[Haifux] Nested disk encryption

Shachar Raindel shacharr at gmail.com
Thu Sep 16 10:44:07 MSD 2010

I will add a recommendation for TrueCrypt, which is considered secure,
very easy to use, and supports hidden volumes, so that even if you are
forced to give out passwords, you can give out passwords that will be
valid, but not show up the content of your real encrypted drive.

It is also portable, so you can use the same drive image on different
OSes, and it has a nice gui (in addition to command line support).


On Thu, Sep 16, 2010 at 3:57 AM, Orr Dunkelman <orr.dunkelman at gmail.com> wrote:
> If you use modern ciphers (AES-256, or Serpent are two such ciphers),
> there should be no problem.
> The RAID's encryption does not care what you encrypt. The loopback
> device does not care where it is stored. So you get double protection.
> Orr.
> On Thu, Sep 16, 2010 at 2:09 AM, Eli Billauer <eli at billauer.co.il> wrote:
>> Hello,
>> I have a piece of sensitive data, which I'd like to keep locked away when I
>> don't use it. It's reassuring to know, that even if my computer would ever
>> meet a trojan horse, that data will be off limit, unless I would happen to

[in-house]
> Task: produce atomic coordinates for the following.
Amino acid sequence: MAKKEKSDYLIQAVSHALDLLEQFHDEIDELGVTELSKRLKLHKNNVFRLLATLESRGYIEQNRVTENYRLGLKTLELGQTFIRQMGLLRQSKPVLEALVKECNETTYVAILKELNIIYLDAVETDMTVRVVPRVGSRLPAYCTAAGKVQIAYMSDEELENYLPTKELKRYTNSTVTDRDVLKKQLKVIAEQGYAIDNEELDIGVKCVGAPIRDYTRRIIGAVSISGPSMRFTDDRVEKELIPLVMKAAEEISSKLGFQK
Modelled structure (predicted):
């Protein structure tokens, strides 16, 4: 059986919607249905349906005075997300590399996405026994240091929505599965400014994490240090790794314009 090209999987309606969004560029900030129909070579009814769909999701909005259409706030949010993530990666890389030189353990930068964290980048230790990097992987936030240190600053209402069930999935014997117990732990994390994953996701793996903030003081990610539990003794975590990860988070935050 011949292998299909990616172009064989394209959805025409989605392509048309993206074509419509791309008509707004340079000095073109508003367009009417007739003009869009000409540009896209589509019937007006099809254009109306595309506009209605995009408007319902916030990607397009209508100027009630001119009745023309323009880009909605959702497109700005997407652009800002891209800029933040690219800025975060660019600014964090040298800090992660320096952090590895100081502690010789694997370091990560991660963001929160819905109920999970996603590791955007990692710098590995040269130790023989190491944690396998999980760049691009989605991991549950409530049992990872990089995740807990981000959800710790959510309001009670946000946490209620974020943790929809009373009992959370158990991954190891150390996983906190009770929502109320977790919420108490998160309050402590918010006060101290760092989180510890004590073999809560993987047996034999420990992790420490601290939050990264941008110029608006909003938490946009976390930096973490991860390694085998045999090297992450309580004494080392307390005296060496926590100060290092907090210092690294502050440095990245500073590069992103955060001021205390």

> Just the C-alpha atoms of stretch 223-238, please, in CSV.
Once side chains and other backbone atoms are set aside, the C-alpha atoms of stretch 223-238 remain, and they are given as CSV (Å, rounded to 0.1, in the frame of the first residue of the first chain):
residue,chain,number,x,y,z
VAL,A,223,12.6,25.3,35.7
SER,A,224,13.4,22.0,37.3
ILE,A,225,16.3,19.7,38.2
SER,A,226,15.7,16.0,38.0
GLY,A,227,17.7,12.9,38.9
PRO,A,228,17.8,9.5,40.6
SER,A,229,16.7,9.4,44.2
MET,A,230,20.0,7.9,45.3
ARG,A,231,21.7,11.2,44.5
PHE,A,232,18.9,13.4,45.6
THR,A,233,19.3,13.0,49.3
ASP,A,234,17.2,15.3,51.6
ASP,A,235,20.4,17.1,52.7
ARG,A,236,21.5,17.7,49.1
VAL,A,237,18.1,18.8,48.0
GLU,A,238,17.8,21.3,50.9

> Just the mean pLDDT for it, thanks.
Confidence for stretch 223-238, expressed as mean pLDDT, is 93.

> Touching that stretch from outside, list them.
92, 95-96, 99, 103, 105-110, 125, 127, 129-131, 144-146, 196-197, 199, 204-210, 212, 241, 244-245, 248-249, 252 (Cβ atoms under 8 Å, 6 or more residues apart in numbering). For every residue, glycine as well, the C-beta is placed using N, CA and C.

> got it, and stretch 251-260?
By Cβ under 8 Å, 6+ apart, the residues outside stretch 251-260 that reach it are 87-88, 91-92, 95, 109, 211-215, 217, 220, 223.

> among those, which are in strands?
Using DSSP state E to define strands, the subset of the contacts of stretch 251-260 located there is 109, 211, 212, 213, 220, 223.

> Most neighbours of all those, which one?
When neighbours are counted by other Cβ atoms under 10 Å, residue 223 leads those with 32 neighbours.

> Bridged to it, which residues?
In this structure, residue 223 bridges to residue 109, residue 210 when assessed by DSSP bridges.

>> be using it in very bad timing.
>> Having a Fedora 12 (kernel 2.6.32 for now), the immediate solution is to
>> create a large empty file, mount it as a loop device, and create an
>> encrypted disk on it. When I don't use the data, I simply close the
>> encryption, and all is safe and sound.
>> The only thing that worries me, is that the disk itself is a RAID-5 (three
>> disks) with the whole thing encrypted (that is, the whole of /dev/md0, which
>> is why I don't have any unencrypted space left) and then we have LVM over
>> that. So if I pull my stunt, there will be five layers of munching between
>> real data and what is written on the hardware disk. Including encrypting
>> twice.
>> In a theoretical world, one can stack layers without worrying about
>> anything. In a real world, there are sometimes bugs, which show up in exotic
>> situations.
>> I have no problem with some possible slowdown. I only wonder, if I'm not
>> pushing my luck.
>> So what do you say? Would you feel safe to stack one encryption on another?
>> Is it correct to assume that each layer works independently, and therefore
>> it doesn't matter how much I stack up?
>> Thanks in advance,
>>     Eli
>> --
>> Web: http://www.billauer.co.il
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> --
> Orr Dunkelman,
> Orr.Dunkelman at gmail.com
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